It was Wednesday afternoon at the office of Las Vegas Motor Speedway president Chris Powell, who next week will preside over the track’s second NASCAR weekend of 2018. It’s the first time LVMS is hosting two NASCAR races in one year, with this one, the South Point 400, serving as the Cup Series playoff opener.
On Powell’s desk were a remote control, legal pad and pen, schedule planner, manila file folders, eyeglasses, a small bottle of fluid that could have been eye drops or super glue.
One did not see or hear a secret tape recorder revealing Powell’s mission, which is to attract another big crowd to the speed plant north of town so the whole of Las Vegas will prosper via hotel room tax.
Is it an impossible mission? Well, let’s just say that what is happening in NASCAR combined with factors closer to home aren’t making the mission any easier.
Stock car racing, which 10 years ago was making a strong bid to become the fifth U.S. major sport, is at a crossroads. Attendance is down, TV ratings are down, sponsorship is down and in many cases going away.
Dale Earnhardt Jr., until this year NASCAR’s most popular driver, has retired to the broadcast booth. Seven-time champion Jimmie Johnson recently lost his sponsor. Martin Truex Jr., the reigning champion, lost his sponsor and now his race team — it was announced this week that Furniture Row Racing will shutter shop doors after the 2018 season because of lack of funding.
Having reduced seating capacity from around 140,000 to around 80,000 notwithstanding, it has been years since LVMS has sold out its spring race. There’s also a big fight in town (Canelo Alvarez vs. Gennady Golovkin II) on race weekend, and the South Point 400 will be up against the NFL on TV when the green flag falls.
And it’s supposed to be hot. The long-range forecast is calling for a high of 101 degrees on race day.
Gentlemen, start your cooling fans.
In reminding Powell of all of this, the word challenge was used in regard to the mission of filling grandstands.
“You use the word challenge but we like to use the word opportunity,” he said in reprising the role of TV’s Mr. Phelps. “It’s a great opportunity not only for Las Vegas Motor Speedway, but also for our city, for the people who are trying to market our city as a destination which they’ve done so well for decades.
“To be the leadoff hitter in the playoffs is a great opportunity. And I think people are going to see that the warmer temperatures are going to make things more challenging for the drivers. I think you’re going to see a (more exciting) kind of racing here than you did in March.”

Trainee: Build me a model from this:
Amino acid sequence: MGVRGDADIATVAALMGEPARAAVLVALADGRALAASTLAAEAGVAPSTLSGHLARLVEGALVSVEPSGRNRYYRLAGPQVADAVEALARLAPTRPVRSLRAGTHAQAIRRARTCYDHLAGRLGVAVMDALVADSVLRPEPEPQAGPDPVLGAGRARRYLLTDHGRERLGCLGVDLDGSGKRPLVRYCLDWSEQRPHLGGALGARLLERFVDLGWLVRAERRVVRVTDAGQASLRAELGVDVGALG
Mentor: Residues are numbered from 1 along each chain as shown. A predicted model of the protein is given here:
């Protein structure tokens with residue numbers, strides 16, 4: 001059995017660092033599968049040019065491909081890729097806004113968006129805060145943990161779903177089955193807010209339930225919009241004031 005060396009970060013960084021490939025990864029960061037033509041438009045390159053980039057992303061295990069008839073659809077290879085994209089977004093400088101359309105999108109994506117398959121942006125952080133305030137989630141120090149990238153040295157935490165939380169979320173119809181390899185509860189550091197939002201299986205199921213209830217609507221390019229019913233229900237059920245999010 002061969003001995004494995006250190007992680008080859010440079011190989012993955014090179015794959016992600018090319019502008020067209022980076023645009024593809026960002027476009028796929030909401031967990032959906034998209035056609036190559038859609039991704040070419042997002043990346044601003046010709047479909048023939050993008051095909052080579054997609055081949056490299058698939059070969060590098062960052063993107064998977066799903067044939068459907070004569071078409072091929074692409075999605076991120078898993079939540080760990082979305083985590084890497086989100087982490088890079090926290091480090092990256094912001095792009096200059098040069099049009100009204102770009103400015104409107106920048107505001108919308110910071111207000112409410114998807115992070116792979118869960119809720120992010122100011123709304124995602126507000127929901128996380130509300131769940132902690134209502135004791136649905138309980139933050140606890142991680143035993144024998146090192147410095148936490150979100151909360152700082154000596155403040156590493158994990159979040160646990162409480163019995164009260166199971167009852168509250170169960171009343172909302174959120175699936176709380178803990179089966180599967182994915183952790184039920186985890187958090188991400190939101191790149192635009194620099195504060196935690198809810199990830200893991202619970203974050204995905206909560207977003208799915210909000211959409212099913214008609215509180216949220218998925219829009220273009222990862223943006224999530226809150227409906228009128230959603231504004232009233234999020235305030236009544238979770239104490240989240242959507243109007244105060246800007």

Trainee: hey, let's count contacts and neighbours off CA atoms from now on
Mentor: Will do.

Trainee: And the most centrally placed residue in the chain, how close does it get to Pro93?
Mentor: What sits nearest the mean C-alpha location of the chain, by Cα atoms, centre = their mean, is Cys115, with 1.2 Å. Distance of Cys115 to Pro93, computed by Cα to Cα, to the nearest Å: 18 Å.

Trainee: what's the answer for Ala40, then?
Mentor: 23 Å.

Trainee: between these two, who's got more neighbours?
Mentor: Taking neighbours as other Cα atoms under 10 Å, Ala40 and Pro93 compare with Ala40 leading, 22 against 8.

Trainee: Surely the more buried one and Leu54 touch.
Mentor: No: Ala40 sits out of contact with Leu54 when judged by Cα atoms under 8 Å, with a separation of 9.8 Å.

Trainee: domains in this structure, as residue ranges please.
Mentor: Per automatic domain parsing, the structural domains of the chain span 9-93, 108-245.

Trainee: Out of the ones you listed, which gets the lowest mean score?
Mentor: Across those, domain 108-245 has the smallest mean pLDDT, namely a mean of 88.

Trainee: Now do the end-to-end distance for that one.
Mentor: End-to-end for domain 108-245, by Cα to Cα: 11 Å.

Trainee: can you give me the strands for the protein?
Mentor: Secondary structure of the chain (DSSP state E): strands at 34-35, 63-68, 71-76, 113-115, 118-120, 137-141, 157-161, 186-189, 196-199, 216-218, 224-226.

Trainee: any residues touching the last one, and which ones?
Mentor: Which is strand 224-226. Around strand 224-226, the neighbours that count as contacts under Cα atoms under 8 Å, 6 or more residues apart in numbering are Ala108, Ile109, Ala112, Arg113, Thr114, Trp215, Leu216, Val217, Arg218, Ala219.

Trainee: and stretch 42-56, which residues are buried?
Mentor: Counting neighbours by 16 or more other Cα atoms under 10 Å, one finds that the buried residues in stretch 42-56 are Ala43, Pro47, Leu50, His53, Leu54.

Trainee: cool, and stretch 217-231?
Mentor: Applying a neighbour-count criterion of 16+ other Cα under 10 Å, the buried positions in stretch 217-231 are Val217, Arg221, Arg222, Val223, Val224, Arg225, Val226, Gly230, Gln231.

Yes, Powell even views the blistering weather as an opportunity rather than a challenge. Around Christmas time, he’ll be headed to the North Pole to set up an ice water stand.
But give him credit for looking at his glass as he does the sprawling grandstands: Half-filled rather than half-empty.
Powell concedes it would have been much easier to fill seats for a second race back when LVMS had to haul in auxiliary grandstands to accommodate ticket demand and NASCAR was lapping the field.
“That would have been great,” he said with a telltale smile.
The speedway chief said event promotion, like the race cars, was much different 10 or 15 years ago than it is today.
“The definition in television, as they say, is much higher,” Powell said. “There are different dynamics. You’re seeing ballparks at the major league level and stadiums in football and arenas in basketball, they’re not building (with the) number of seats that used to be built.”
Powell said people today have more entertainment options. Perhaps NASCAR and, to a lesser extent, the other pro sports entities were slow in reacting. All are reacting now.
“This is not just something that’s happening in the NASCAR world,” Powell said. “You might see more changes we’ll be making in the future where we might bring down the (seating) capacity but get a fuller grandstand. That appeals to people who are viewing on television.”
There is a huge framed photo on the track president’s wall that shows LVMS teeming with 156,211 spectators on race day of a not-too-distant past. In abiding by NASCAR policy, Chris Powell no longer comments on attendance or projected attendance, only that good seats are still available.